West Seattle Crime Watch: North Delridge gunfire suspect charged

Another followup on the North Delridge gunfire incident last weekend: The King County Prosecuting Attorney’s Office has charged 29-year-old Dale G. Hiller with first-degree unlawful-firearm possession and two drug charges, one for meth possession and one for cocaine possession. Hiller, as reported here, was arrested at Delridge/Genesee late Saturday night; In a followup Monday, we reported that his bail was set at $150,000 on Monday and he was released after posting bond hours later. The charging documents say Hiller lost his gun-possession rights after being convicted of second-degree assault in early 2007, also noting: “He has a lengthy history of gun crimes, drug crimes, and violent crimes.” The documents recap what we reported after getting the probable-cause documents on Monday, that a backpack and shell casings were found near the arrest scene; the former contained a .22 caliber revolver as well as drugs and cash that totaled, with what was found in Hiller’s wallet, almost $3,000. His photo published here is from the Department of Corrections; as we reported in the discussion following Monday’s story, he was sentenced in 2013 to 3 1/2 years for an attempted home-invasion-style burglary in Burien. The charging documents say that his post-prison probation (“community custody”) ended on May 2nd, five days before his North Delridge arrest. He is due in court May 25th for arraignment.

19 Replies to "West Seattle Crime Watch: North Delridge gunfire suspect charged"

  • Donna May 11, 2016 (4:38 pm)

    maybe they will lock him up for a while.  Looks like a thug.

  • Double Dub Resident May 11, 2016 (5:03 pm)

    Quote:  The charging documents say Hiller lost his gun-possession rights after being convicted of second-degree assault in early 2007, also noting: “He has a lengthy history of gun crimes, drug crimes, and violent crimes.” 


    he was sentenced in 2013 to 3 1/2 years for an attempted home-invasion-style burglary in Burien. 




    I wonder if our impotent sentencing guidelines will finally put this guy where he belongs for a decent amount of time, this time?



  • Lawn Flamingo May 11, 2016 (5:05 pm)

    Clearly his post-prison probation really worked wonders. A whole 5 days huh? High five Dale! It’s sickening to think about how easy it is for criminals like this to post bail and get released from prison after shooting a gun around in a park where neighborhood kids play. I hope they lock him up for much longer this time!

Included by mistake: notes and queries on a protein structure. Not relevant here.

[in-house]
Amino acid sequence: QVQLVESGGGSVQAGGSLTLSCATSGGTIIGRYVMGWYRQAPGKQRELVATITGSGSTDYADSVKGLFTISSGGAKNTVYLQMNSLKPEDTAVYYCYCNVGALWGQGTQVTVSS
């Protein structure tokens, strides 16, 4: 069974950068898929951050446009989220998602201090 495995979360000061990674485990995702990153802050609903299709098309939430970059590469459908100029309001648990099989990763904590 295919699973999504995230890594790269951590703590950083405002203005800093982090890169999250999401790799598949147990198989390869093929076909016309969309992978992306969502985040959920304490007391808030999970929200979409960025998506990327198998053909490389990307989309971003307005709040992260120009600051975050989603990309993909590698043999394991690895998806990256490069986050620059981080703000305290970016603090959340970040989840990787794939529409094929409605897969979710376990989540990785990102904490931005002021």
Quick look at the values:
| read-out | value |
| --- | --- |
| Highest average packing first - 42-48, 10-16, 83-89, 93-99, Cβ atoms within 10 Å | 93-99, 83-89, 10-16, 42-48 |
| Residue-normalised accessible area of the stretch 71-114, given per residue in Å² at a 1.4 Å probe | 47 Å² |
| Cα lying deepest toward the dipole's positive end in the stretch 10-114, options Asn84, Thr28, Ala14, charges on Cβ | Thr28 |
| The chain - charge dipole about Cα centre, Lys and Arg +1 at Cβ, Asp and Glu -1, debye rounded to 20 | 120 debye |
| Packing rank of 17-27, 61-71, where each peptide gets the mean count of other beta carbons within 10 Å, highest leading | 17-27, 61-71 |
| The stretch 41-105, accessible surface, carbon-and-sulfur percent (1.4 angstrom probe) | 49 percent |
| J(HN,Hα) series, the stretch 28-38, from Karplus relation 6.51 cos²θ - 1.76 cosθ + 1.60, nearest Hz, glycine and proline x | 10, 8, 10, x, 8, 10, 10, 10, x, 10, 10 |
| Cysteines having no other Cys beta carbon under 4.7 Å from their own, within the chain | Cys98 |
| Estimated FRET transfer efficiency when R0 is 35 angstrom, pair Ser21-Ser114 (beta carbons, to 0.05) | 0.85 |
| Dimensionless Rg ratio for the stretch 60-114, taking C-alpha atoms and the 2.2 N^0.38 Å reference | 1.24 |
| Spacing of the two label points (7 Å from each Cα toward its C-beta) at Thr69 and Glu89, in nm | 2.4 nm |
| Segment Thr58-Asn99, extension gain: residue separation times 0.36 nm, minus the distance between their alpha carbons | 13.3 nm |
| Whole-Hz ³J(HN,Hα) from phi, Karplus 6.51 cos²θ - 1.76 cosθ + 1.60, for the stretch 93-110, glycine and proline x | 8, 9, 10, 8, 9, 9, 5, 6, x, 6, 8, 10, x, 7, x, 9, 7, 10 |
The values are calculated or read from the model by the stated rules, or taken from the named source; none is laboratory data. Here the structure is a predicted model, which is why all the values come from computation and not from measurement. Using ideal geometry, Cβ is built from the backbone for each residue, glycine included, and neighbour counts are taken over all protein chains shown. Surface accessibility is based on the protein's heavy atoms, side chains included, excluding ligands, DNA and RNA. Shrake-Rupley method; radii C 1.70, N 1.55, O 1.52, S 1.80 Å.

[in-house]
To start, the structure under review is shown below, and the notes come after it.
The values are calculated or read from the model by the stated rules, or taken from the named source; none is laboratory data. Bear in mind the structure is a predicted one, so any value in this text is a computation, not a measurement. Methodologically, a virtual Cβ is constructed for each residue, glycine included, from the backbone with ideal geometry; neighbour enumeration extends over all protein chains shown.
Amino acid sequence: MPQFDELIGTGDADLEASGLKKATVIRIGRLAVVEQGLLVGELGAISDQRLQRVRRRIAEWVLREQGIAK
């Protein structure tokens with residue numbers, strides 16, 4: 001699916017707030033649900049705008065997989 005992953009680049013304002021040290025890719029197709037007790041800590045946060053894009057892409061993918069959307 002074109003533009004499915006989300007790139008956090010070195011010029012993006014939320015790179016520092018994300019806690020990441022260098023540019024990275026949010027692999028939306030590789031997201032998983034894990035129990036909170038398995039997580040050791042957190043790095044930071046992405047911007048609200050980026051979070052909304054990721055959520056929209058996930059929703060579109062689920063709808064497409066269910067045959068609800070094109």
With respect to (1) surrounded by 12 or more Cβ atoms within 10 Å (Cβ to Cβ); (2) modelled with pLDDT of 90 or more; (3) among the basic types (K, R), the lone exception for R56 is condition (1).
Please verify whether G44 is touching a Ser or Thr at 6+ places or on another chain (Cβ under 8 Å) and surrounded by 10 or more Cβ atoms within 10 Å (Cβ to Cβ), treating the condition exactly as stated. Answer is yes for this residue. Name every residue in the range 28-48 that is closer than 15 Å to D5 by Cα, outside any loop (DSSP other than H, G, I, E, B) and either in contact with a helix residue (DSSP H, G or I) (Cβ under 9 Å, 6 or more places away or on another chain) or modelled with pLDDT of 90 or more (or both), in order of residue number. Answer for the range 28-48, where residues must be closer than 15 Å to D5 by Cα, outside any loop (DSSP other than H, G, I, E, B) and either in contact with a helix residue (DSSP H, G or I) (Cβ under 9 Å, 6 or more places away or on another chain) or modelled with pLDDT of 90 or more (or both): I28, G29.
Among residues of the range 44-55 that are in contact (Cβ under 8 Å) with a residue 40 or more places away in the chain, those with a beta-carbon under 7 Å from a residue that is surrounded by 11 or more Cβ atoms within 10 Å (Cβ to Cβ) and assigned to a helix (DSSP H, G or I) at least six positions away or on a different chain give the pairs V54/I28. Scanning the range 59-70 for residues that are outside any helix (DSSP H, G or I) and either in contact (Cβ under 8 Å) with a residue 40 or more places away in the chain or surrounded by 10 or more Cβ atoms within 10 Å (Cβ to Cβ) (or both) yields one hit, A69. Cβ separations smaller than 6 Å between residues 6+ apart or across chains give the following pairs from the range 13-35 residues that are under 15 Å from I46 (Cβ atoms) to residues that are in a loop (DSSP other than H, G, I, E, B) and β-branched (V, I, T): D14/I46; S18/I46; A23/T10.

• B May 11, 2016 (5:08 pm)

    Do we have three strikes laws in WA? Would that kick in here?

  • Carole May 11, 2016 (5:57 pm)

    This 29 yr old felon, recently released from pirson, was able to come up with $15,000 to post bond.  Or assets to secure bond.  Or family to post it.  Lucky guy.

    • B May 11, 2016 (6:55 pm)

      Well, he did have $3k just in his wallet…

  • Carole May 11, 2016 (6:01 pm)

    To clarify, this guy either came up with $150,000 cash OR $15,000 cash and enough secured assets to cover the ENTIRE bail amount should he skip.

  • Elle Nell May 11, 2016 (7:03 pm)

    I have to add, not only does he look like a thug but he IS a thug … This literally is the cat you don’t want to encounter down a dark alley unless you want to get high…  Just sayin. Throw away the key

  • Kravitz May 11, 2016 (7:08 pm)

    What a lovely specimen. Why is piece of crap like this still allowed out to continually reoffend? Are we simply waiting for him to actually take an innocent life? I am completely disgusted by the system that allows this to happen. Maybe we’ll be in luck and he’ll OD on the drugs he’s peddling before he’s able skip town. Good riddance, I’d say.

  • Double Dub Resident May 11, 2016 (7:11 pm)

    Do you know this person personally, Elle Nell?

  • Joe May 11, 2016 (8:39 pm)

    I don’t believe you need 10 % to post bond. You just need to be able to put up enough for a bond company to post bond for you. They don’t necessarily require 10%.

  • sam-c May 11, 2016 (9:04 pm)

    Thanks for posting a photo of the scumbag

  • Atomicoven May 11, 2016 (9:33 pm)

    So again my fellow West Seattlites. 150K bail and he was out in hours and with multiple charges. Folks it’s time to elect some new judges. 

  • Steve May 11, 2016 (9:40 pm)